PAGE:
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6 Crises That Keep Economists Up At Night

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Thomas Carlyle once called economics "a dismal science." Indeed, economists tend to be cautious and pedestrian, but can you blame them? After all, in these troubled times, who could sleep easy knowing these scary stories?

1. The Irish Potato Famine

When you think of economics, think of food. Until the late 1800s economic crisis usually meant agricultural crisis, with famine a not-so-infrequent consequence. Before the advent of industrial agricultural methods, weather conditions and infestations of various kinds had the power to hold the economy hostage.

In 1845 a new fungus, Phytophthora infestans, struck the potato—the mainstay of Ireland's food supply. Although the blight lasted only a few years, its effects were far reaching. As many as 1.5 million died as a direct result of the famine, and many more emigrated in the second half of the 19th century. Even today, only half as many people live in Ireland as did before the famine.

2. German Hyperinflation

By November 1923 in Germany, $1 in the United States equaled 4.2 billion German marks, and even daily staples had to be purchased with wheelbarrows of cash. How did this happen? In 1918 Germany lost World War I, suffered a revolution, and became a republic when Emperor Wilhelm II was forced to abdicate. The Treaty of Versailles, signed a year later, saddled Germany with 6.6 billion British pounds' worth of reparations. With the German treasury empty, the government could pay—and conduct its ongoing business—only by printing lots of money: the quickest recipe for inflation. At the height of inflation in 1923, prices rose 40% per day. People rushed to the stores as soon as they were paid, before their money became worthless. The frightful experience of the early 1920s scarred the German national psyche and undermined faith in the Weimar Republic, which helped pave the way for Adolf Hitler and the Nazi Party. In fact, Hitler's early grab for power—the Beer Hall Putsch in Munich—came on November 8, 1923.

3. The Great Depression


During the Roaring '20s in the United States, the wealthy spent a lot of money they had, and the not-so-wealthy spent a lot of money they didn't have. The Great Depression began soon after the stock market crashed in October 1929, but economists still argue whether the bursting of the 1920s financial bubble caused the Depression or merely foretold the coming economic slump. Either way, by 1932 the economy contracted by 31%, and some 13 million were left jobless—a quarter of the workforce. When President Franklin Delano Roosevelt took office in 1932, he started the New Deal, a set of policies to boost federal spending and create government-financed jobs. Although the economy began growing again in the mid-1930s, the effects of the Depression lingered on until Pearl Harbor. The number of unemployed fell to 7.6 million in 1936 but rose again to 10 million in 1938—the same number of men drafted into the armed forces during World War II.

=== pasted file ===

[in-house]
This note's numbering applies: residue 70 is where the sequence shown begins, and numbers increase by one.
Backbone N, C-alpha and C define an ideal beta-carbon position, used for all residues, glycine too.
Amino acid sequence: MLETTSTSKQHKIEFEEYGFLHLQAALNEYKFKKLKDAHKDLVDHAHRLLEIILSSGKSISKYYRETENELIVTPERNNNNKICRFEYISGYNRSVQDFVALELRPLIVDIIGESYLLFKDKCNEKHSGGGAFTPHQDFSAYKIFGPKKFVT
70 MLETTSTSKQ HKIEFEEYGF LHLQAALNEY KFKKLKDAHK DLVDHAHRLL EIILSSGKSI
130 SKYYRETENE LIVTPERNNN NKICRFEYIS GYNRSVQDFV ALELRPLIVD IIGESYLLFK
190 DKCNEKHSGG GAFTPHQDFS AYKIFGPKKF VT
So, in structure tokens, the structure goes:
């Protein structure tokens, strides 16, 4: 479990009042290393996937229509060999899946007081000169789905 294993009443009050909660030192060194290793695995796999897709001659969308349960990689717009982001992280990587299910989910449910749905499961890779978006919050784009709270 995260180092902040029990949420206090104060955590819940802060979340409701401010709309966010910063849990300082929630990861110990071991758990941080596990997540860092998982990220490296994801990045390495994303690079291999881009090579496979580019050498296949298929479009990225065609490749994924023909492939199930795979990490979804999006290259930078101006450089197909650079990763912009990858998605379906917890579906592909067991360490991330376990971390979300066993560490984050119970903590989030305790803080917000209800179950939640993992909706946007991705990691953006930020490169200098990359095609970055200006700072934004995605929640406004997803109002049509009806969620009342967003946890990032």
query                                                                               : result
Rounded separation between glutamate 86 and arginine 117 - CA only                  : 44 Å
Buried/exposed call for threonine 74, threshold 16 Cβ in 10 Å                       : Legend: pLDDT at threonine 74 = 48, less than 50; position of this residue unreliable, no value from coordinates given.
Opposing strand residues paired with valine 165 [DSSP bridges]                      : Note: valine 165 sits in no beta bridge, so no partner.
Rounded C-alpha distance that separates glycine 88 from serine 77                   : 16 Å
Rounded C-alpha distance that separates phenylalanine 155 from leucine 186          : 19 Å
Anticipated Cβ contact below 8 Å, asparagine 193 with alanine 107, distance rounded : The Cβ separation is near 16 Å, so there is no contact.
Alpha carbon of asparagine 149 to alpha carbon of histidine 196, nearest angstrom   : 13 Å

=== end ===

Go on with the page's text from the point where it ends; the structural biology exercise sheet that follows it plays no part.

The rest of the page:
4. The '70s Oil Crisis

oil-crisis.jpgThe price of oil tends to be slippery—something the economists forgot in the early 1970s when they confidently predicted that crude prices could fall as low as the cost of pumping oil out of the Saudi desert (estimated at less than $1 per barrel). Instead, following the Yom Kippur War between Israel and its Arab neighbors in October 1973, Arab oil producers declared an embargo. Oil prices tripled to more than $10 per barrel, and gasoline shortages ensued. By December President Nixon had to announce that because of the energy crisis, the White House Christmas tree would not be lighted. The 1979 Iranian revolution brought a second oil shock, and oil prices eventually peaked at around $35 per barrel. The oil crisis helped bring on a period of stagflation—meaning that even though the U.S. economy barely dragged along, inflation continued to rise.

5. The Asian Flu

The domino-like collapse of several Asian economies in the late 1990s seemed to come out of nowhere. The "tiger" economies of Southeast Asia had been booming for years, and the region widely expected to stay an economic powerhouse straight into the upcoming millennium. Yet in July 1997 things went spectacularly wrong. Thailand became the catalyst for the crisis, when severe pressure from speculators brought down its currency, the baht. The Philippine peso and the Malaysian ringgit fell next. Then the Indonesian rupiah was devalued in August, ushering in political and social turmoil. Finally, even South Korea, one of the strongest economies in east Asia, nearly went bankrupt and had to be bailed out. Economists were at a loss to fully explain the crisis. But as country after country succumbed to the financial bug, one lesson seemed clear: an interconnected global economy can transmit panic just as well as it can goods and services.

6. Argentina's Peso Crisis